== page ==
U.S. Olympic medalist visited ECU to discuss positivity, mental health

Retired athlete and U.S. Olympic gold and silver medal-winning gymnast Laurie Hernandez visited East Carolina University on Jan. 18 to share messages of acceptance, positivity and mental health advocacy with the public. She spoke to various groups throughout the day, including ECU students, faculty and staff, and the Greenville community as the final of two guests in the 2023-24 Voyages of Discovery Series, hosted by the Thomas Harriot College of Arts and Sciences. Hernandez’s visit was co-sponsored by the Honors College and this year’s season focused on the theme of inspiring hope and healing.

Voyages Series donor and sponsor Harvey Wooten helped make Hernandez’s visit to ECU possible. (Photo by Rob Taylor Photography & Design.)

“From standing on an Olympic podium to standing here tonight, Ms. Hernandez has utilized her platform to inspire hope and healing,” said Dr. Allison Danell, dean of Harriot College, who also urged the audience, in whatever roles they hold, to utilize the platforms upon which they stand to make a major difference in the world.

“You don’t have to be a dean, a famous actor or an Olympian to inspire hope and healing,” she said.

Hernandez, a sophomore and acting major in the drama department at New York University, gave a short presentation titled, “I’ve Got This,” and then sat down with a faculty host for an open dialogue, followed by questions from the audience.

Hernandez stated that growing up Latina was a wonderful experience of learning about her Puerto Rican culture of gratitude, community and treating everyone like family. She said her culture shaped who she is today and that her parents support her in all her endeavors, including giving her the space and time to find herself without judgment.

“Being able to grow up Latina is such a wonderful experience and something I haven’t taken for granted,” she said.

As a mental health advocate, Hernandez is a strong proponent of therapy and talking to others about a person’s feelings and how they are doing in life. She touched on this point many times throughout the day, including when discussing her mother and sister’s careers as social workers and checking in with one’s self.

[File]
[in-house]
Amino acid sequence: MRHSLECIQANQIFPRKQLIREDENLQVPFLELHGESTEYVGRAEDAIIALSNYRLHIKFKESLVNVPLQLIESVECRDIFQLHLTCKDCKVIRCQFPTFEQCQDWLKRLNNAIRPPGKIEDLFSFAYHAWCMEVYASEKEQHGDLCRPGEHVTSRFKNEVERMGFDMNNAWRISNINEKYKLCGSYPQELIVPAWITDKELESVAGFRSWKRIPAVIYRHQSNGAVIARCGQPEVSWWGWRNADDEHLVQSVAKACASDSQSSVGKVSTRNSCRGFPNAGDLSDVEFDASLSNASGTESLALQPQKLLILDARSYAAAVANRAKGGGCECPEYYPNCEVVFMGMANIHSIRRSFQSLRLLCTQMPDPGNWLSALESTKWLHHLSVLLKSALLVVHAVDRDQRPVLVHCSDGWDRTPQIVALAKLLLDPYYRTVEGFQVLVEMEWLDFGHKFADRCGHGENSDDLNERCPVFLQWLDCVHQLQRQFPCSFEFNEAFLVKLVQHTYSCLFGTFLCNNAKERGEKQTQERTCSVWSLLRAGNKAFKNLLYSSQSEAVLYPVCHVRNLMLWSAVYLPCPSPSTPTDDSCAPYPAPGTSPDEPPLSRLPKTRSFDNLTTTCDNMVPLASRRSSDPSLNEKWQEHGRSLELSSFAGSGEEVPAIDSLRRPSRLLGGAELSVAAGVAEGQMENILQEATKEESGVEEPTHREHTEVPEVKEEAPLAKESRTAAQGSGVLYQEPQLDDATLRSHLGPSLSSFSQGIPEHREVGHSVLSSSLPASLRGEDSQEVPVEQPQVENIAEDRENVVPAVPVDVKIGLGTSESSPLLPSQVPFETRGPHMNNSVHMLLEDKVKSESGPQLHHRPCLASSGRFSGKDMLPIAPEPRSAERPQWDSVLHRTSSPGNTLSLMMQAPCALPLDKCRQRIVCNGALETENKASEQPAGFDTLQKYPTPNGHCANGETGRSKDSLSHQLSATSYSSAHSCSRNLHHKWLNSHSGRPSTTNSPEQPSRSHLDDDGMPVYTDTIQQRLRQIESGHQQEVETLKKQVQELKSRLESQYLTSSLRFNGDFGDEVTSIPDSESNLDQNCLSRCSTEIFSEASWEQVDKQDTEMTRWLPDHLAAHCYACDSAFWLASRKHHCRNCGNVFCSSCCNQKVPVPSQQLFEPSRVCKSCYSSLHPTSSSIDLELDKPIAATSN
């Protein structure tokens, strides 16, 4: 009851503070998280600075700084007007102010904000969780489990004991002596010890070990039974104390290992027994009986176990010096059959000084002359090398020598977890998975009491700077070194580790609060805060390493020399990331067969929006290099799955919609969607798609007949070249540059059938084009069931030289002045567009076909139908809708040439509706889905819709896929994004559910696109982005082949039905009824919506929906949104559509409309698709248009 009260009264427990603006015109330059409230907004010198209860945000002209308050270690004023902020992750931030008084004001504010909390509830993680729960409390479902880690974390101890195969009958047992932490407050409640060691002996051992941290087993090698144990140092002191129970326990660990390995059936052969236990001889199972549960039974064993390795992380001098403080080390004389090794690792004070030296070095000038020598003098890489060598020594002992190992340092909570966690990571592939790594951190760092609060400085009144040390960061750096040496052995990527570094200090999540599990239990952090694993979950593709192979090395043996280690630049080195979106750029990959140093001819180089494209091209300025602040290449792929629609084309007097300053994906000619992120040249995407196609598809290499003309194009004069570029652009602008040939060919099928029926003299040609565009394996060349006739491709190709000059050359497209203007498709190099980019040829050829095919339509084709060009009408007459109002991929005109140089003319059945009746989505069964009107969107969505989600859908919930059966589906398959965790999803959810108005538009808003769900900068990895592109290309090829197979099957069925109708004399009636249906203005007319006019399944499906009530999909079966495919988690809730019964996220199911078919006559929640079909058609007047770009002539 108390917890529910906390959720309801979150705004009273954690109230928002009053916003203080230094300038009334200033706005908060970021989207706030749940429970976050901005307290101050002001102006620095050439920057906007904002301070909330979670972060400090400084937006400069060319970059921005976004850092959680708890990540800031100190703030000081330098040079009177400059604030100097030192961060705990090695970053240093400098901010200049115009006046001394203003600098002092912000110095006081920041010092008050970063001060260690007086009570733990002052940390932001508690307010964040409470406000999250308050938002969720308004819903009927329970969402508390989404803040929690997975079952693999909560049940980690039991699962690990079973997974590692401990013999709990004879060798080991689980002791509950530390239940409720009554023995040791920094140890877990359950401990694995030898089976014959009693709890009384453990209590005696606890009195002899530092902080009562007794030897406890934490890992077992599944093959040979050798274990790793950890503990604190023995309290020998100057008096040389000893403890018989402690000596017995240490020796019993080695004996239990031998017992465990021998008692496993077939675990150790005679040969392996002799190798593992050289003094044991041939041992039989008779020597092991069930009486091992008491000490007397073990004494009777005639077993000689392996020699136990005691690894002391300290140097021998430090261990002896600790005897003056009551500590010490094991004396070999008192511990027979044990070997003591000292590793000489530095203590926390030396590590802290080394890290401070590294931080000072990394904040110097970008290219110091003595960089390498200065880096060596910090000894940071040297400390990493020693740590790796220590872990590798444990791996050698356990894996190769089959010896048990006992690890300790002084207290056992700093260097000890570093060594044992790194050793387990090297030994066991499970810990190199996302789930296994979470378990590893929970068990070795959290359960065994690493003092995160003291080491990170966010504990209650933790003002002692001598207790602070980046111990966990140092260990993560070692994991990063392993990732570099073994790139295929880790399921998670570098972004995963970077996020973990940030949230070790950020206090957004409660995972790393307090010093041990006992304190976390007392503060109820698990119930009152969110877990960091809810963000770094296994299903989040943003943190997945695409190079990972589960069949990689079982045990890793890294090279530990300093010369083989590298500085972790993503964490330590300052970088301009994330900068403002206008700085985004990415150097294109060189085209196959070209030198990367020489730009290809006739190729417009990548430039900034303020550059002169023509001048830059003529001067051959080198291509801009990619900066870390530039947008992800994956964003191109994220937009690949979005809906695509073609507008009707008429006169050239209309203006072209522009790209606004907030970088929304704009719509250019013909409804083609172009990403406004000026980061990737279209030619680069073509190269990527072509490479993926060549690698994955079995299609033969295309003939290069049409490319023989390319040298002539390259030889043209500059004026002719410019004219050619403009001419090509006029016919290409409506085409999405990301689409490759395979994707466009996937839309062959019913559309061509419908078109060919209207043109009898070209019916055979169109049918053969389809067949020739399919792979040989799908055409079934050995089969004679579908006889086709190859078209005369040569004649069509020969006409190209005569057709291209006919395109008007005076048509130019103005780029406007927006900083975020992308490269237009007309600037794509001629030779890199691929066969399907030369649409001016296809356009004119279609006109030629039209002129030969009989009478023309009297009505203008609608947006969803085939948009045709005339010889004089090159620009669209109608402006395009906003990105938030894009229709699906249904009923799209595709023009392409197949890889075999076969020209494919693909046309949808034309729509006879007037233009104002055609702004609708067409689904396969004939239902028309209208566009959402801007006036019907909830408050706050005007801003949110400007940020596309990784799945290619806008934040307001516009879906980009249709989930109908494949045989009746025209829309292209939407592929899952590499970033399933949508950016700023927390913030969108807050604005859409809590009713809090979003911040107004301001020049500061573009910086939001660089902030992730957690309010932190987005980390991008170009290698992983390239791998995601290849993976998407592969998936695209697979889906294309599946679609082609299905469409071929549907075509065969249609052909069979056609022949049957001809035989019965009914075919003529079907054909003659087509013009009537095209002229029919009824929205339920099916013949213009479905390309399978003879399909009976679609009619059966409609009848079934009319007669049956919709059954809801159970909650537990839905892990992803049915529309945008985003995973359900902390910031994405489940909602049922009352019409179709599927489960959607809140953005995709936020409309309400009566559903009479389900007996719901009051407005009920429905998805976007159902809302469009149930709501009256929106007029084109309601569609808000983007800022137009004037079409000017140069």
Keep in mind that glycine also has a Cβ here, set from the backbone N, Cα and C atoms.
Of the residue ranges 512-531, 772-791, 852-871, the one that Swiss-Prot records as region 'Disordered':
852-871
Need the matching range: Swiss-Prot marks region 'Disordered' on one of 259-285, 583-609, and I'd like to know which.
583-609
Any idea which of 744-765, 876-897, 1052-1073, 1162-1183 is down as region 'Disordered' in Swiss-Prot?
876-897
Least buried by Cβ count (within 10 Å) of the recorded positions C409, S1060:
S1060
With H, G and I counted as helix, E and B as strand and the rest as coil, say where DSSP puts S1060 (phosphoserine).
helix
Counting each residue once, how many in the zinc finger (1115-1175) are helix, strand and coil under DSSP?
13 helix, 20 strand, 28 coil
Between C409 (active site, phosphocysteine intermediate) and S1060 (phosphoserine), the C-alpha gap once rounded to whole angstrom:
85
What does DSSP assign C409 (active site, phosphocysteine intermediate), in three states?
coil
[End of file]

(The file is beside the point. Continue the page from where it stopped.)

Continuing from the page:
Hernandez shared her messages of acceptance, positivity and mental health awareness and advocacy with students and young athletes during her visit to ECU. (Photo by Steven Mantilla)

“I love therapy. I prioritize it by not canceling on my therapist,” she said. “I think the best part about therapy is being honest. Taking time to understand where you are in life, what you are doing, how you feel and self-reflection is wonderful.”

One of the times Hernandez said she felt most brave was when she did her first interview on mental health because she could openly talk about the true struggles of depression, ADHD and anxiety, an obstacle she dealt with for years while training and competing.

“You don’t have to be fearless to do hard things and it’s okay to be scared,” she said.

As an athlete, Hernandez said she trained for 11 years before going to the Rio Olympics in 2016, at the age of 16. Paying attention to how her mind was reacting to various pressures was also important, she said. Her mom told her that her nerves and performance anxiety were normal and did not make her a bad athlete. When asked for her advice, Hernandez talks to other athletes about the mental aspect of training and competing.

Throughout the night, Hernandez’s conversation with the audience included overcoming imposter syndrome, believing in one’s self and working hard to accomplish your goals.

Her parents also told her, “If you want it, work hard and go get it.”

“Sometimes our brains get in the way,” Hernandez said. “I refer to it as my little gremlin on my shoulder. My anxiety gremlin, Steve.”

She said Steve crept into her head and made her think she couldn’t do things or that she had to give up.

Hernandez said the key is to remind yourself that whoever lets you in, whether that is in athletics, school or a job, that person sees something in you and believes in you – that you can accomplish what you are there to do.

A young girl in the audience asked Hernandez what keeps her going when times are hard. She replied in a way that may be applied to many aspects of a person’s life. Specifically in gymnastics, she said it was hard to watch others get skills quicker than her, but finding a balance of who she was as a gymnast relied on consistency.

“There is a place for you, and if you quit before you find it, then you never know what it is. So, hang in there,” she said.

Since retiring from gymnastics, Hernandez now focuses on her education, her mental health and sharing her message of staying positive.

“I’ve learned the possibility of achieving perfection is slim, but the fun part is enjoying the process and doing the best that I can.”

Hernandez enthralled the audience as she rounded out this year’s Voyages season with the theme of inspiring hope and healing. (Photo by Steven Mantilla)